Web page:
Headlines: MoCA Chicago, Chagall, Robot Advisors
1) MoCA Chicago Will Offer Free Admission to Teens Starting June 1st
The Museum of Contemporary Art in Chicago is raising its admission fees slightly in exchange for widening the age range of free admission. Where currently the museum offers free admission to visitors 12 and under, starting June 1st anyone under the age of 18 will be allowed in for free. Museum CFO Peggy Papaioannou notes that the museum’s goal has always been to make art as accessible as possible, and that the higher prices are as always a suggested donation. Visitors who are able to pay more are asked to do so in order to help the museum pay for routine operations as well as a proposed increase in opening hours.
2) Beloved Chagall Backdrop to Take a Four-Year Hiatus From PMA
A painting by Marc Chagall that has hung in the Philadelphia Museum of Art for more than 30 years has disappeared to make room for museum upgrades. Wheatfield on a Summer’s Afternoon, a massive, wall-spanning work created in 1942 as a backdrop for the ballet Aleko, was taken down on Monday without fanfare. The work will be housed at the Aomori Museum of Art in Japan for the next for years, while the Philadelphia museum undergoes renovations. Aomori also owns three other Chagall backdrops created for the same ballet, which should make for a fascinating display.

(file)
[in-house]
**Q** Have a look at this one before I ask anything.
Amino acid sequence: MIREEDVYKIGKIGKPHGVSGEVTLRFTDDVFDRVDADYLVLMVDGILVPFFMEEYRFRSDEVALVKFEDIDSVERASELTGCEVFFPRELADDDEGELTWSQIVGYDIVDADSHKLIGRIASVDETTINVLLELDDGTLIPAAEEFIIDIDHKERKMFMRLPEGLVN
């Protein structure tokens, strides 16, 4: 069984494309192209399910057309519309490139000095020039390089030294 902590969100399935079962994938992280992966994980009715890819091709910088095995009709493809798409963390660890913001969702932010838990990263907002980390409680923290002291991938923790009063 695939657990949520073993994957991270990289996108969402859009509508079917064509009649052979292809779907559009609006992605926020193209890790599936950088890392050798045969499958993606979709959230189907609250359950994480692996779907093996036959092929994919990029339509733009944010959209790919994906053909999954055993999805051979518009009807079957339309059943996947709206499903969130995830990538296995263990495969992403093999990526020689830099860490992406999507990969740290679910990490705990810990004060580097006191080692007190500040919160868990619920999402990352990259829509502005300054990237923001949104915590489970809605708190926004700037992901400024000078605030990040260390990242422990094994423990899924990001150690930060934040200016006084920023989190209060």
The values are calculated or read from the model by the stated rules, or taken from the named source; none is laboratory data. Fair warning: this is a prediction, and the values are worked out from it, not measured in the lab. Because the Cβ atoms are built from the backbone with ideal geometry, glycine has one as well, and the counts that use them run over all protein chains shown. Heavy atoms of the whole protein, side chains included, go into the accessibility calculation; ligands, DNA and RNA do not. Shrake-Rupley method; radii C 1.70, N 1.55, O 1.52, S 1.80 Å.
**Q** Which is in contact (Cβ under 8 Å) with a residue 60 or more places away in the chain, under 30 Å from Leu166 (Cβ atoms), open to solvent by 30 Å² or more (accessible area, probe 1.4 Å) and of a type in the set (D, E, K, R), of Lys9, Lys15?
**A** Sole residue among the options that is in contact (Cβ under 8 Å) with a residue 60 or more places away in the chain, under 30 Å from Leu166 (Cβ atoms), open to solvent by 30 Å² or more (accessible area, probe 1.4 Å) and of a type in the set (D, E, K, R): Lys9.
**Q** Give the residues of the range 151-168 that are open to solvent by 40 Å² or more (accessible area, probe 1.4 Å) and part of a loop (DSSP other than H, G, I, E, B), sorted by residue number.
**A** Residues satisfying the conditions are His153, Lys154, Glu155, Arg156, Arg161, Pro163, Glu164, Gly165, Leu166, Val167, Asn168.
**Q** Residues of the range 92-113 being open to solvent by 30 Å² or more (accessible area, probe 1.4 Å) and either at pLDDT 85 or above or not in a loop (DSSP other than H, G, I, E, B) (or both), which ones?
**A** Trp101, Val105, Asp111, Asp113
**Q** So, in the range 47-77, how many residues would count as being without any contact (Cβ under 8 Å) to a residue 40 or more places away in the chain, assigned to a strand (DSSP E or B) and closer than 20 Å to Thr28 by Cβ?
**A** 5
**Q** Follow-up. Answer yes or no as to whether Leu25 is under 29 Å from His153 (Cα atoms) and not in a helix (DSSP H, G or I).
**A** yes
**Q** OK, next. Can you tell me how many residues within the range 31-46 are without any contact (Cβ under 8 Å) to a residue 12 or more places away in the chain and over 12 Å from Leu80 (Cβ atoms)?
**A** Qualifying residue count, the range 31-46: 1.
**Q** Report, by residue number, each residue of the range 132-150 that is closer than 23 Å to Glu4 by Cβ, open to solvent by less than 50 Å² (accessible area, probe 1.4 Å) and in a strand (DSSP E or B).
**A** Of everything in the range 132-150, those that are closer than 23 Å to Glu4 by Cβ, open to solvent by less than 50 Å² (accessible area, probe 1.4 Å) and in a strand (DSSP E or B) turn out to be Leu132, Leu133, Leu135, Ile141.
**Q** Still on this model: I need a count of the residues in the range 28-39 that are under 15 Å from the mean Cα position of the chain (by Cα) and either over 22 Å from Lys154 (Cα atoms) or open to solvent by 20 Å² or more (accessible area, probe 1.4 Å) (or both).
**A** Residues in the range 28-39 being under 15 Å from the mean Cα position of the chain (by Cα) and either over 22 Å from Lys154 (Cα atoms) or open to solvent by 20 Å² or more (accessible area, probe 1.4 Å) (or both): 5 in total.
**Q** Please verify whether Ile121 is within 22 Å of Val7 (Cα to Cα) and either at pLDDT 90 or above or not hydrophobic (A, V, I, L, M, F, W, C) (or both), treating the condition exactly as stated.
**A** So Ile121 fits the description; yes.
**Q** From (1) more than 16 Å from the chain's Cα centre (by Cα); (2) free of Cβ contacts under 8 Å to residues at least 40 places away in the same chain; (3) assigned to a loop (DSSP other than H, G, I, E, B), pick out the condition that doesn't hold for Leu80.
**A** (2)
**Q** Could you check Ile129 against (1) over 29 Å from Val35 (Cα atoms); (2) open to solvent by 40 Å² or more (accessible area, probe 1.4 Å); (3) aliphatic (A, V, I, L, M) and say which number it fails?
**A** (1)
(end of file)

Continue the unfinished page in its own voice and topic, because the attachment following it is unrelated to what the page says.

3) On Robots as Art Advisors
Madelaine D’Angelo, founder of the art-investment crowdfunding platform Arthena, lets us know why the emergence of automation in the art market is a good thing. Robot and artificial intelligence systems are already responsible for trillions of dollars in stock market trading, according to D’Angelo, and such systems will have marked advantages for art trading, sales, and speculation. One of these advantages is that an automated system can quickly collect and sort through a lot more data than a human can, leading to a better understanding of art prices throughout the world. Robotic art advisors might also help avoid unsubstantiated price inflation due to human ego at play during auctions.
4) Hirst Show Opens to Mixed, but Intense, Reviews
Damien Hirst’s hotly anticipated new exhibition is now open in Venice, and has already seen some mixed reviews. Matthew Collings of the London Evening Standard, for one, believes that the show is triumph. Alastair Sooke of the Telegraph, on the other hand, calls in a “spectacular failure.” Whatever your opinion, there’s no denying that the show looks and sounds downright epic in both concept and realization.